Wild rabbits all share similar physical traits. They have long ears, egg shaped bodies and strong hind legs. They are prey animals and are designed to detect and escape danger before it detects them. There is a wide range in sizing, with some adults as small as 8 inches in length and 4 kg in weight, ranging up to 20 inches long and 2 kg heavy. Their coloring is usually a mix of various shades of brown and grey.
Habitat & Diet
Rabbits live all over the world in tremendously varying habitats. They have succeeded in forests, meadows, grasslands, deserts and wetlands. They like having access to underbrush and shrubbery for cover from predators. Rabbits are herbivores and eat a diet of grass and leafy weeds.
Rabbits can live in small communities made up of several burrows called warrens. If a rabbit spots a predator near home base, they will freeze and loudly thump the ground with a hind leg, warning the warren of the potential danger. They also have an incredibly fast reproduction rate. Without predation or population control of any kind, rabbits can cause degradation to their own environment very quickly. They are self-sufficient at four to five weeks old and sexually mature after only two to three months.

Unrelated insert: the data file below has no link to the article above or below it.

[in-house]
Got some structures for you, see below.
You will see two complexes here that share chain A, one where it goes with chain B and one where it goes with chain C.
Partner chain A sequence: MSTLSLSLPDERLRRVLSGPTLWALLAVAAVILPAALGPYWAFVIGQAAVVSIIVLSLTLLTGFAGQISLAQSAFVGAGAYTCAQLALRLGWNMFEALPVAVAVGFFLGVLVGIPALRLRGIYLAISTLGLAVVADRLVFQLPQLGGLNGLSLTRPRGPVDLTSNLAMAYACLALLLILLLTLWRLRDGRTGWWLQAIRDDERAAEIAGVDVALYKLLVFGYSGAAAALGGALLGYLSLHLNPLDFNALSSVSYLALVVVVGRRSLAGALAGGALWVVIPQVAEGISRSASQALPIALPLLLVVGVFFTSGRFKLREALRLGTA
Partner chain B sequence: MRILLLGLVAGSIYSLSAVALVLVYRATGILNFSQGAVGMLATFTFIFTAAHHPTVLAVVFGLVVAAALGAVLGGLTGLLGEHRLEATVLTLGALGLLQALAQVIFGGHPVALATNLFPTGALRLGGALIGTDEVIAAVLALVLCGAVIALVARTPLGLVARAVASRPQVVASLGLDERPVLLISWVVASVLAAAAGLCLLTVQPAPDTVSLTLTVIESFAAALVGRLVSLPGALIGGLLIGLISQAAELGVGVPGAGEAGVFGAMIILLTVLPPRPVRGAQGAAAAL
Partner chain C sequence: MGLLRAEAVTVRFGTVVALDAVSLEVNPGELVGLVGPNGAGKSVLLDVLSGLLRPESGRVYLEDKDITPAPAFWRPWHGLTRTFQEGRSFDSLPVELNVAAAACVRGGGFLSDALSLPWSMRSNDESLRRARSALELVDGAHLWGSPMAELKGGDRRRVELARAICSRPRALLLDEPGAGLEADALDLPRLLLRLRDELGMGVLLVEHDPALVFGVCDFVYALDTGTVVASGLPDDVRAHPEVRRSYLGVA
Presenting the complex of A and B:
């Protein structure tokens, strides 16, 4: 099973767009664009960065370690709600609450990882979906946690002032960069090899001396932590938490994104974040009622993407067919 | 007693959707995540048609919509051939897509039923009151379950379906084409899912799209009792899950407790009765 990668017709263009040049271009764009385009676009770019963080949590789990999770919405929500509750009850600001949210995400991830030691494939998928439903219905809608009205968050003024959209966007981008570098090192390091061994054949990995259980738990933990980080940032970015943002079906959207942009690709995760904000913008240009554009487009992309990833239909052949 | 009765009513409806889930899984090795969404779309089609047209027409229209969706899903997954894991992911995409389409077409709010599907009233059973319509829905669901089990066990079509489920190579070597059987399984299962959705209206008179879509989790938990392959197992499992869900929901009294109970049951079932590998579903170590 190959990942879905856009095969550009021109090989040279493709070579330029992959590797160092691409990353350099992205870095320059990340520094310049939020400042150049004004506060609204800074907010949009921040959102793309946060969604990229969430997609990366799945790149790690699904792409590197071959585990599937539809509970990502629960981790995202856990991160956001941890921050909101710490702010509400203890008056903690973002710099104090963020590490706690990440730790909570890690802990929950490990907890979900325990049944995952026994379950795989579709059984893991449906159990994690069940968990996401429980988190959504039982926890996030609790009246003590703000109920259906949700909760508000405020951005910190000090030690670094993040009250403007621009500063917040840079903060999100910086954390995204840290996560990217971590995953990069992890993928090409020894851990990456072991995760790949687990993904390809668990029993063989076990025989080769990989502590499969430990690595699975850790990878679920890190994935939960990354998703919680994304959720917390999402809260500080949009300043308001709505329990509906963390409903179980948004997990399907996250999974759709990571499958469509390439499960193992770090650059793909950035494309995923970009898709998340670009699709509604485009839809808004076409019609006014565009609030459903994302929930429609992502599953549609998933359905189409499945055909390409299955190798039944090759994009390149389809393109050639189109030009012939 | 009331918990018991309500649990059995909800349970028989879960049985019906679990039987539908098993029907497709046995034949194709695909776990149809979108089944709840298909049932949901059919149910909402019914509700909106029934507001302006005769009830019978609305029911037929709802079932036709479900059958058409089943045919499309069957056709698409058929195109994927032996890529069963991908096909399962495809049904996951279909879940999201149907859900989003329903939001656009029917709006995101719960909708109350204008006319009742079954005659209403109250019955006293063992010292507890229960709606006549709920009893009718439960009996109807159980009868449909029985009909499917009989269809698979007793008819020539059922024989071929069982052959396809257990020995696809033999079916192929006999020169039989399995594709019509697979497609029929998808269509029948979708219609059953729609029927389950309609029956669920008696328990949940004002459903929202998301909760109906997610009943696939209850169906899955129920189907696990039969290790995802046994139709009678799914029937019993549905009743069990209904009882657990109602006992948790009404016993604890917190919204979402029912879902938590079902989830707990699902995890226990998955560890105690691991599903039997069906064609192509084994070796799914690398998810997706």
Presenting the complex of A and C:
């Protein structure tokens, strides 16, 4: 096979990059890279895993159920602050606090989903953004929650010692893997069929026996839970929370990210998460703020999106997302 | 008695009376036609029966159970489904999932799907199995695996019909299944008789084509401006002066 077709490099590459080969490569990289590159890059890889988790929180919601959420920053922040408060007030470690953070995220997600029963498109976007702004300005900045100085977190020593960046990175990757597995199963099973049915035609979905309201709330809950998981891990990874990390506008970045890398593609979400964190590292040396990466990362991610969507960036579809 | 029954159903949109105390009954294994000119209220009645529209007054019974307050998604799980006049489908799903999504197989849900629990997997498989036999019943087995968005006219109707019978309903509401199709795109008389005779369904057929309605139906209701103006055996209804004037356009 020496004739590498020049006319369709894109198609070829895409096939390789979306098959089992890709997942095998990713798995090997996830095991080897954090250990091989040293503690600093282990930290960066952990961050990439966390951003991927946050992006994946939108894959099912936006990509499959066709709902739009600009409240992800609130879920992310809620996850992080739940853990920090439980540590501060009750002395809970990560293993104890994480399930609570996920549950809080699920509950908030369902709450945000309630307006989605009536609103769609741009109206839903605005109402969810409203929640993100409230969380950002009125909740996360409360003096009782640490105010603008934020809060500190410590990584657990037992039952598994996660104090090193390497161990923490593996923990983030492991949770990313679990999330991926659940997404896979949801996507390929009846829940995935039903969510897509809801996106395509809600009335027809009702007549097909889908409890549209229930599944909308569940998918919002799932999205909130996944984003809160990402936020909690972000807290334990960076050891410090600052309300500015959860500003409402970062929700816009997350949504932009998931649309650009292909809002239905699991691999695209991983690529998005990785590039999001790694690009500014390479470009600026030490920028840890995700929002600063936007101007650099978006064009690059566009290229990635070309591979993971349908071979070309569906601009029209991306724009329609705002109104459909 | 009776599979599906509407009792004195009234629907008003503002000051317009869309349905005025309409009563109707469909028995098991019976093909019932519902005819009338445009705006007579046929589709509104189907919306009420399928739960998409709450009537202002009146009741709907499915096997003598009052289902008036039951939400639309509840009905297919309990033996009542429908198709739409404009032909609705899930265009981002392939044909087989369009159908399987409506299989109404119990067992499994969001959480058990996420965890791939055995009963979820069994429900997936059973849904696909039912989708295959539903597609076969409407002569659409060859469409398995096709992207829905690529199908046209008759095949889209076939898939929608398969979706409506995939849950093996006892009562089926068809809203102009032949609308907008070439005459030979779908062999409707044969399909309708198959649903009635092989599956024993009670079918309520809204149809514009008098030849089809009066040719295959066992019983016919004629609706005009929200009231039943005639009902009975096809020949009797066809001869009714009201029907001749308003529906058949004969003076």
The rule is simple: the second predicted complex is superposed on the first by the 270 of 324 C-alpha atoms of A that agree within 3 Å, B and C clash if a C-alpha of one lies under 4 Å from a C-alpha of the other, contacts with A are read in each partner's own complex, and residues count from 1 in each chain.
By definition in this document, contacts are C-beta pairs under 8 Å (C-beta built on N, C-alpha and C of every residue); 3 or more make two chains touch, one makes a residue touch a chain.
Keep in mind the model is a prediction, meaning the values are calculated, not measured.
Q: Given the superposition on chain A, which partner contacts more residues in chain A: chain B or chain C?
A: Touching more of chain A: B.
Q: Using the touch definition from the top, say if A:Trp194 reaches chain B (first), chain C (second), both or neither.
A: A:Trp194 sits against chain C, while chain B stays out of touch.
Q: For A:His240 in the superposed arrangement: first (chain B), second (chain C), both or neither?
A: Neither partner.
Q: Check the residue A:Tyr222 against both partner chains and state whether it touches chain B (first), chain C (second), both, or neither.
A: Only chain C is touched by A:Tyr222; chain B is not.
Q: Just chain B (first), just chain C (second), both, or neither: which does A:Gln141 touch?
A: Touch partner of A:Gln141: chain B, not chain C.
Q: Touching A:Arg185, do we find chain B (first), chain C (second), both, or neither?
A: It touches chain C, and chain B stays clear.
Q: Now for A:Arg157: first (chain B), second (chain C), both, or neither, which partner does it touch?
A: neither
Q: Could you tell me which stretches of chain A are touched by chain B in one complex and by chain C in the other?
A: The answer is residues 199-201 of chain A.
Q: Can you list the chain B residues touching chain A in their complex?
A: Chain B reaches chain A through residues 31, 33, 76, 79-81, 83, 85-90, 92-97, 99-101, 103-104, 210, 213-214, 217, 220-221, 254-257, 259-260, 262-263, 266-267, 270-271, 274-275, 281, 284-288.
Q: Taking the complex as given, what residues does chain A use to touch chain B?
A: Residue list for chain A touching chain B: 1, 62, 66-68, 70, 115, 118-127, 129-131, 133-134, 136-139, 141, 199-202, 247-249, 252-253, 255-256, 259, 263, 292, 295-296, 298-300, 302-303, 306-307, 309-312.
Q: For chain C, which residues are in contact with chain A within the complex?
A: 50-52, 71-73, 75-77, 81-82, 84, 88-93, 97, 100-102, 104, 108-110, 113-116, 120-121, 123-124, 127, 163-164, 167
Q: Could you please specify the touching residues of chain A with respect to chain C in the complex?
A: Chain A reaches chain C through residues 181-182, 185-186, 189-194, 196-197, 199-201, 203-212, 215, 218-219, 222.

Meet our Residents
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- Rabbits can see an almost 360 degree field around them. Their only blind spot is at the bridge of their nose!
- Notorious for their mating habits, rabbits ensure their numbers by mating 3 to 4 times a year. This is due to the fact that only about 15% of rabbits make it to their first birthday.
Status In The Wild
Rabbits are widespread throughout the planet and have a very secure population. However, when humans introduce them to new areas they can be very damaging to the environment. For this reason, population control measures are often enacted to stem the rapid reproduction rates and stop habitat degradation. Rabbits most often find themselves in conflict with rural communities due to crops they destroy at local farms.